Background and Purpose Glutamate transmission is dysregulated in both multiple sclerosis (MS) and experimental autoimmune encephalomyelitis (EAE), the animal model of MS. A characteristic of EAE is increased glutamate transmission associated with up-regulation of AMPA receptors. However, little is known about the role of NMDA receptors in the synaptic modifications induced by EAE. Experimental Approach The contribution of NMDA receptors to the alterations of glutamate transmission and disease severity in EAE mice was assessed by means of neurophysiological, morphological, Western blot, metabolic and clinical score assessments. Key Results In our EAE mice, there was an NMDA receptor-dependent increase of glutamate release, associated with marked activation of the astroglia. Presynaptic NMDA receptors became overactive during EAE, increasing synaptic glutamate release by a mechanism dependent on voltage-gated sodium channels. By means of NAD(P)H autofluorescence analysis, we also found that EAE has a glutamate and NMDA receptor-dependent dysfunction of mitochondrial activity, which is known to contribute to the neurodegenerative damage of MS and EAE. Furthermore, pharmacological blockade of NMDA receptors in vivo ameliorated both synaptic transmission defects and of the clinical disease course of EAE mice, while EAE induced in mice with a genetically enhanced NMDA receptor signalling had opposite effects. Conclusions and Implications Our data, showing both sensitization of NMDA receptors and their involvement in the progression of the EAE disease, supggest that pharmacological impairment of NMDA receptor signalling would be a component of a neuroprotection strategy in MS. © 2012 The Authors. British Journal of Pharmacology © 2012 The British Pharmacological Society.


Mulligan B.P.,Behavioural Neuroscience Laboratory | Persinger M.A.,Behavioural Neuroscience Laboratory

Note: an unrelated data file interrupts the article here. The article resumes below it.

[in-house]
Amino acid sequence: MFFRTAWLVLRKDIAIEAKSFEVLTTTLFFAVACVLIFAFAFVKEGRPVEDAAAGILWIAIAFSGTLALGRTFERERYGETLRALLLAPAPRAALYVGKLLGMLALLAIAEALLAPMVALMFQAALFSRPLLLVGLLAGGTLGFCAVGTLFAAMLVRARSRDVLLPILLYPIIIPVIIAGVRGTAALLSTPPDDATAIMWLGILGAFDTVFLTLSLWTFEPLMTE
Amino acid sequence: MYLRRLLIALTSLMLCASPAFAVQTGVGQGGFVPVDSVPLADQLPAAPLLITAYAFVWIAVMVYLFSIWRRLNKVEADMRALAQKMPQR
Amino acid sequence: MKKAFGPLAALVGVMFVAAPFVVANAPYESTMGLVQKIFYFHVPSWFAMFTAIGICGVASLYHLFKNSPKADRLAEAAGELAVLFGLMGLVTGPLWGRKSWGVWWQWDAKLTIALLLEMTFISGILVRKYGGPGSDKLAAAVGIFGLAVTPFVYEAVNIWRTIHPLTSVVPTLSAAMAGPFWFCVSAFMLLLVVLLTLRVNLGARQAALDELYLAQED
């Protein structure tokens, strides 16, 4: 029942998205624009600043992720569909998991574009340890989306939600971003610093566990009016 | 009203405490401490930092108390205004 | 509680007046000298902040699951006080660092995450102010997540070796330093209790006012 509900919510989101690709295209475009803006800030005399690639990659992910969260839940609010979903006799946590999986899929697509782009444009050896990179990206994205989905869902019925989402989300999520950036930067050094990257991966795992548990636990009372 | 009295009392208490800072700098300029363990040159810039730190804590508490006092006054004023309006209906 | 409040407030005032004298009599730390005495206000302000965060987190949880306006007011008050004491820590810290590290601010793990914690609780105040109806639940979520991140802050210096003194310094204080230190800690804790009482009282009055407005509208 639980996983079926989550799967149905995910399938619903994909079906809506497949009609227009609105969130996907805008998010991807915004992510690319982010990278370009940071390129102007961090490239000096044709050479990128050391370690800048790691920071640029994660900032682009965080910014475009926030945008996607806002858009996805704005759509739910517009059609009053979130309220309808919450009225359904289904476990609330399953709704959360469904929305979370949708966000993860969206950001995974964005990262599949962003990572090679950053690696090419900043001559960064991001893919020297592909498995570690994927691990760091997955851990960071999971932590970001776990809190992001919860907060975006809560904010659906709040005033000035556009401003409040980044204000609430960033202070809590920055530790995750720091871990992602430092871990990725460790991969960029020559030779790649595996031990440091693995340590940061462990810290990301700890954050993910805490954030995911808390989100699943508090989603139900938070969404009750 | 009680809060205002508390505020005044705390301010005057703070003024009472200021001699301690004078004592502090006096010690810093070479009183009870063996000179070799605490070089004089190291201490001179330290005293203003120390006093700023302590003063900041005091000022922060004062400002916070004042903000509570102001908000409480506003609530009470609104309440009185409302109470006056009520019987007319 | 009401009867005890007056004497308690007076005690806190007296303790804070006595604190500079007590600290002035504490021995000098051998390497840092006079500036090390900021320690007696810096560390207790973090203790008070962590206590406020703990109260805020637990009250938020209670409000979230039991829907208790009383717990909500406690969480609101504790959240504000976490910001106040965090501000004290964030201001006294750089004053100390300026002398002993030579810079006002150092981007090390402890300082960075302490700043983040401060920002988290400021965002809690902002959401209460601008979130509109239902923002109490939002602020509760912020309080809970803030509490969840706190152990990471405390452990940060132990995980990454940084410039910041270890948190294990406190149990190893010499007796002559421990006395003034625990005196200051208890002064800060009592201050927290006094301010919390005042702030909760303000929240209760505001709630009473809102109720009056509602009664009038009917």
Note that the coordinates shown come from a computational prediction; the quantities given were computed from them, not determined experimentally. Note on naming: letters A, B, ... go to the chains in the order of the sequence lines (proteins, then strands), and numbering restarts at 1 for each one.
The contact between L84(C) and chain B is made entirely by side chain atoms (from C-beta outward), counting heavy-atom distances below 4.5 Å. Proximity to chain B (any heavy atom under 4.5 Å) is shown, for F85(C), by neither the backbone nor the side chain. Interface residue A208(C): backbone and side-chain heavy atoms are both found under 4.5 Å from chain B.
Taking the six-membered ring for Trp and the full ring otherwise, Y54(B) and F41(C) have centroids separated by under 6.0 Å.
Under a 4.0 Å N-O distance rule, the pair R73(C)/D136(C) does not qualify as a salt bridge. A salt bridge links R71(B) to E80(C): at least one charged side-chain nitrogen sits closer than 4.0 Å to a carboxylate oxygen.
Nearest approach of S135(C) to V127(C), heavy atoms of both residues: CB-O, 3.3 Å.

Neuroscience Letters | Year: 2012

Previous correlations between geomagnetic activity and quantitative changes in electroencephalographic power revealed particular associations with the right parietal lobe for theta activity and the right frontal region for gamma activity. In the present experiment subjects were exposed to either no field (sham conditions) or to either 20. nT or 70. nT, 7. Hz, amplitude modulated (mHz range) magnetic fields for 30. min. Quantitative electroencephalographic (QEEG) measurements were completed before, during, and after the field exposures. After about 10. min of exposure theta power over the right parietal region was enhanced for the 20. nT exposure but suppressed for the 70. nT exposure relative to sham field exposures. The effect dissipated by the end of the exposure. These results support the contention that magnetic field fluctuations were primarily responsible for the significant geomagnetic-QEEG correlations reported in several studies. © 2012 Elsevier Ireland Ltd.


Castelli M.,NeuroLogica | Federici M.,Fondazione Santa Lucia | Rossi S.,NeuroLogica | de Chiara V.,NeuroLogica | And 13 more authors.
European Journal of Neuroscience | Year: 2011